by Carol Dunn
PYEONGCHANG/ LA VETA — I loved watching the Olympics. I recorded what I could, and watched it at my leisure. I guess I’m just a hick, because I fast-forwarded through everything except the actual competitions. Really, you can save a lot of time that way. Matter of fact, if you cut out all the commercials, introductions, replays, fashion statements, brass and boom-boom symphonic introductions, interviews, people crying, announcers telling you what you’re going to see and then telling you what you just saw, athletes crashing and footage of the Zamboni machine grooming the ice rink, the actual competitions add up to about three hours total – and one of those hours is taken up by cross-country skiing. Think about it, it takes less than two minutes for each skier to make their longest run. And all the events are happening at the same time. So, it ends up taking two weeks just to fit in all that filler.
One sport I had never heard of until the Olympic games was “curling.” Oh sure, I heard some bashing of the sport, so I wasn’t particularly interested. But one evening I tuned in to watch curling, just so I’d understand what the talking smack was about. As any hick raised in Pennsylvania would, I expected to see a row of barber salon chairs and hairdressers poised with their hot irons ready to curl hair better than anyone else on the planet. What I got was something totally NOT that.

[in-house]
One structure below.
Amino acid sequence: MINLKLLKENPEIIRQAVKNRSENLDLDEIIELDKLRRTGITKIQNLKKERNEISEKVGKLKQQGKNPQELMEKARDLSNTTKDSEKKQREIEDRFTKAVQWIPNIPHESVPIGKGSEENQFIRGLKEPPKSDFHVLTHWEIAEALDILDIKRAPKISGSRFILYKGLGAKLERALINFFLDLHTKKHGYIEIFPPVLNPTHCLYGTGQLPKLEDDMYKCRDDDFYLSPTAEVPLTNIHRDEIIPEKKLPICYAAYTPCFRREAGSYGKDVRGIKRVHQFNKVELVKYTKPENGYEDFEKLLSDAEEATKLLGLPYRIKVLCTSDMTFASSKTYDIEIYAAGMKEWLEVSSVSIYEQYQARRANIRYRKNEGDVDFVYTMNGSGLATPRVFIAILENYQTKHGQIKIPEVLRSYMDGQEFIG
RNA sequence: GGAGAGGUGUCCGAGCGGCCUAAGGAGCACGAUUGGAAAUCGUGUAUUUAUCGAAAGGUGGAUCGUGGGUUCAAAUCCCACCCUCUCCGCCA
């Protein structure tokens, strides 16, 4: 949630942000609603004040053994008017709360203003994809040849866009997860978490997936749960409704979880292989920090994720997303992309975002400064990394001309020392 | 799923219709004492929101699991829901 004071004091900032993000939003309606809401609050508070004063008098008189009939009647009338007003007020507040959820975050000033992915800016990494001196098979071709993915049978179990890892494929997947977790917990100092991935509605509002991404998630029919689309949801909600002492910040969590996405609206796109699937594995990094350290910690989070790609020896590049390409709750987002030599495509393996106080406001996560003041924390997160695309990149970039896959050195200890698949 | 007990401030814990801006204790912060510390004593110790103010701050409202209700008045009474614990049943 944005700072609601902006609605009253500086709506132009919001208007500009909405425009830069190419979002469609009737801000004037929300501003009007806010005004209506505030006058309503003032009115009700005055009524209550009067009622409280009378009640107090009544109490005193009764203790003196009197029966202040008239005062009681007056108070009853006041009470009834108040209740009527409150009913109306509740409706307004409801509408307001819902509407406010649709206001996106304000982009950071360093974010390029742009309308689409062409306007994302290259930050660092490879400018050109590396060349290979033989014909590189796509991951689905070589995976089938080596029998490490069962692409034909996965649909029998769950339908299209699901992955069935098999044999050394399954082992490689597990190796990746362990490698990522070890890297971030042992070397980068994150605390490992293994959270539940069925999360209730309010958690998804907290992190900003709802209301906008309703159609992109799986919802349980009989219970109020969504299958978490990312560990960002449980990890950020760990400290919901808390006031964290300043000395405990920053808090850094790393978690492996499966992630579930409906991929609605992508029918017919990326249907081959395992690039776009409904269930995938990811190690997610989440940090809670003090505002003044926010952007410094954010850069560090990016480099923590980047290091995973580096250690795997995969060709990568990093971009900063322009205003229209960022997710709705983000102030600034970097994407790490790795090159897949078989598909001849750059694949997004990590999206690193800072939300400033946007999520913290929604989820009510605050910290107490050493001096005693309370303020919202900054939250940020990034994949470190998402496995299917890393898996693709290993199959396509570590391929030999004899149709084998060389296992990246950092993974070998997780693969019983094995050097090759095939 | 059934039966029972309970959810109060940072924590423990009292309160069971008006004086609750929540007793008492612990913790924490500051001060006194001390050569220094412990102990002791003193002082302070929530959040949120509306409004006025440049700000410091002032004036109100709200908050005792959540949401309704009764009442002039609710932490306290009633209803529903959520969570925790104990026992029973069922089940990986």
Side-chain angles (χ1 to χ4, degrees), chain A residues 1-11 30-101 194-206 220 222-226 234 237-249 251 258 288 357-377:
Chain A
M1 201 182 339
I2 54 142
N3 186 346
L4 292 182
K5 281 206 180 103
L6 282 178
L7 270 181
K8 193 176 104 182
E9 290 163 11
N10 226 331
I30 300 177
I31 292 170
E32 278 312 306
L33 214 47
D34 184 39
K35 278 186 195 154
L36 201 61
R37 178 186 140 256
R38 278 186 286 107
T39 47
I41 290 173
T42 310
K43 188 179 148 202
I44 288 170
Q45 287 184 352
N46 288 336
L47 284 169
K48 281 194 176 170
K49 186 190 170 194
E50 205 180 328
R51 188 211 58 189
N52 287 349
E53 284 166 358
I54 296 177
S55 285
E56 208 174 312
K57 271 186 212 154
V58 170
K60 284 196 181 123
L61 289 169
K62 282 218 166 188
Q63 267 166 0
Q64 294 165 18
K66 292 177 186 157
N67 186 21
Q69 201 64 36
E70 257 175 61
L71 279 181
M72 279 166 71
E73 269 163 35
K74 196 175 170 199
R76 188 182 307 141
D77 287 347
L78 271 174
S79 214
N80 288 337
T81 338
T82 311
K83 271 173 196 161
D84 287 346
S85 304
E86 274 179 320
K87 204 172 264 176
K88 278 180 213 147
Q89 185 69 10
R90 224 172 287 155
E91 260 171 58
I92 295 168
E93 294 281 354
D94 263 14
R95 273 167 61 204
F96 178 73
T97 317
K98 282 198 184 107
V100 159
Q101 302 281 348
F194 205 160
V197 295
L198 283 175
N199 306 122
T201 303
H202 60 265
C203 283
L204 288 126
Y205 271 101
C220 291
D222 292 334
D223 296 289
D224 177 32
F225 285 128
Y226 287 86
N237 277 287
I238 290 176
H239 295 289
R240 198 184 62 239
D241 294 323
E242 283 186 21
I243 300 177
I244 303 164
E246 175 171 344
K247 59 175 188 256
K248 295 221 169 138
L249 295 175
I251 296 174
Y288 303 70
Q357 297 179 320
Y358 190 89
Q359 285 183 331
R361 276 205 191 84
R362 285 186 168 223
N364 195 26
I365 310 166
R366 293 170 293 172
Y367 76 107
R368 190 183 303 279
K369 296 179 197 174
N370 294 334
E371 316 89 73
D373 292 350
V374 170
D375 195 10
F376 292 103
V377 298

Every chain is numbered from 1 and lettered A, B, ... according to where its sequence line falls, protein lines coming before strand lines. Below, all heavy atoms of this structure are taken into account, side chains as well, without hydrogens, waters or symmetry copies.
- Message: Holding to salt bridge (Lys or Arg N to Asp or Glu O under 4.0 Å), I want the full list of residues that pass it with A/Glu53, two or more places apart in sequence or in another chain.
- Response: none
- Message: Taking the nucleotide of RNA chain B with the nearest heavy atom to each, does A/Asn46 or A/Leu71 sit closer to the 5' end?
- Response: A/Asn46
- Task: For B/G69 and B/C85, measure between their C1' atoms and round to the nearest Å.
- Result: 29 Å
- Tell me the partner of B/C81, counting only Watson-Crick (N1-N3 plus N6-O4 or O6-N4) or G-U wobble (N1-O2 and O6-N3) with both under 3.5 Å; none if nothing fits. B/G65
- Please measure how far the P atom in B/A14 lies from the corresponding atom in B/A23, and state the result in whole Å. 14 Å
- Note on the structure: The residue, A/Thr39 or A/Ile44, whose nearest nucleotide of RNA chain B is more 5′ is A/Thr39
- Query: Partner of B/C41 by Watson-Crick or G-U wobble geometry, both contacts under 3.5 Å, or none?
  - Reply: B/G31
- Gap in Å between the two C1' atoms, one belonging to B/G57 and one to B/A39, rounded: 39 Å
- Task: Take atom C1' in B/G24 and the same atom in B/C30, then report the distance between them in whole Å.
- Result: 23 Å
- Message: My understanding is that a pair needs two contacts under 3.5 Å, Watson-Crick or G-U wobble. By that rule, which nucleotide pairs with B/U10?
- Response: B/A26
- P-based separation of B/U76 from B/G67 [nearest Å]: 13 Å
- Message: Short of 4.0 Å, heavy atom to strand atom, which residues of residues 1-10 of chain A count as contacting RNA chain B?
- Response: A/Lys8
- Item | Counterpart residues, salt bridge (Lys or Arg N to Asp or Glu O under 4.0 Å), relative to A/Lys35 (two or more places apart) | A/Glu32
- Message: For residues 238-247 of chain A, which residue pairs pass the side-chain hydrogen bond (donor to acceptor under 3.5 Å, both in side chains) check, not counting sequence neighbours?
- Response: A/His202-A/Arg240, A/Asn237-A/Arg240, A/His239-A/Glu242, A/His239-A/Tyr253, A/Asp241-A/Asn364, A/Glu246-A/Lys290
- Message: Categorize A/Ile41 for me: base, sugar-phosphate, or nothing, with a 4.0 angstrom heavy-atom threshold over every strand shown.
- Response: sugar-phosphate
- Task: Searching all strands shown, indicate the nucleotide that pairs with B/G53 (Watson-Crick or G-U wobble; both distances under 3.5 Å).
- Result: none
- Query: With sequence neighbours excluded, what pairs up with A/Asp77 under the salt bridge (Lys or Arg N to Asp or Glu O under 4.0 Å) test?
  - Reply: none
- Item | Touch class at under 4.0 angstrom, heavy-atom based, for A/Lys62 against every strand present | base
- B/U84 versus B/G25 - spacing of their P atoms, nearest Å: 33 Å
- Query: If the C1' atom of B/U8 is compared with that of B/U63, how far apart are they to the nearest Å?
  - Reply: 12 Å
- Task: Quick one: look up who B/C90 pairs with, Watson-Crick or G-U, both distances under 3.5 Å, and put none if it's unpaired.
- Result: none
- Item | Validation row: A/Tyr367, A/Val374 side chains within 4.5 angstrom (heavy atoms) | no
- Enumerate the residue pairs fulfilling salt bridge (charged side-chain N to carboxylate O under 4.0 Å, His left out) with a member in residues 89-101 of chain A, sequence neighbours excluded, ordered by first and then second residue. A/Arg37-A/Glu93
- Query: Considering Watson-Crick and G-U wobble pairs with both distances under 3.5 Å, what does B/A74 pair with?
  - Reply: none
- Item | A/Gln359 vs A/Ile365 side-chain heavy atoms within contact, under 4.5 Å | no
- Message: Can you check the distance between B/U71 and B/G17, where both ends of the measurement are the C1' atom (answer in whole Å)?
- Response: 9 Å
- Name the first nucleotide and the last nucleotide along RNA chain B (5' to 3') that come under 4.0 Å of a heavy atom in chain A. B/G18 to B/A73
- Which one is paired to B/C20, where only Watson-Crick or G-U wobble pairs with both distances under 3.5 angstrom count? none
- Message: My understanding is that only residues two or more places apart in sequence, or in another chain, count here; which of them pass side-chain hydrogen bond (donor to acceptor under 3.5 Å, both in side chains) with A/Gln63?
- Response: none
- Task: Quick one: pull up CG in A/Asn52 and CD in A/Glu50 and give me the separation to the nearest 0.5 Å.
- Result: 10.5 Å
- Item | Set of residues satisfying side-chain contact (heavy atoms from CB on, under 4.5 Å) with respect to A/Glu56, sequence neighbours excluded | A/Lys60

First of all, who in the world named this so-called “sport”? The teams compete in tennis shoes and, aside from doing splits on the ice, never break a sweat. Some of them actually wear glasses. And there were no curls anywhere to be seen, except in a couple of the competitors’ hair. What there is, is a shiny, round rock that looks like a teapot gone wrong. There’s a push broom or a sponge mop. There’s ice. No curls.
And don’t you think the Olympic downhill skiers, who travel at speeds of 80-plus miles per hour STRAIGHT DOWN a mountainside covered with SNOWY ICE, to compete in their sport, just look sideways at the curling teams during the closing ceremonies? I guess living in southern Colorado – where we should ALL get a gold medal just for dealing with the WIND – has made me expect a little bit more out of an Olympic-level sport than screaming at a big rock to “GO, GO, GO” as it slides toward other rocks and hopefully hits them. Hey, it’s a ROCK.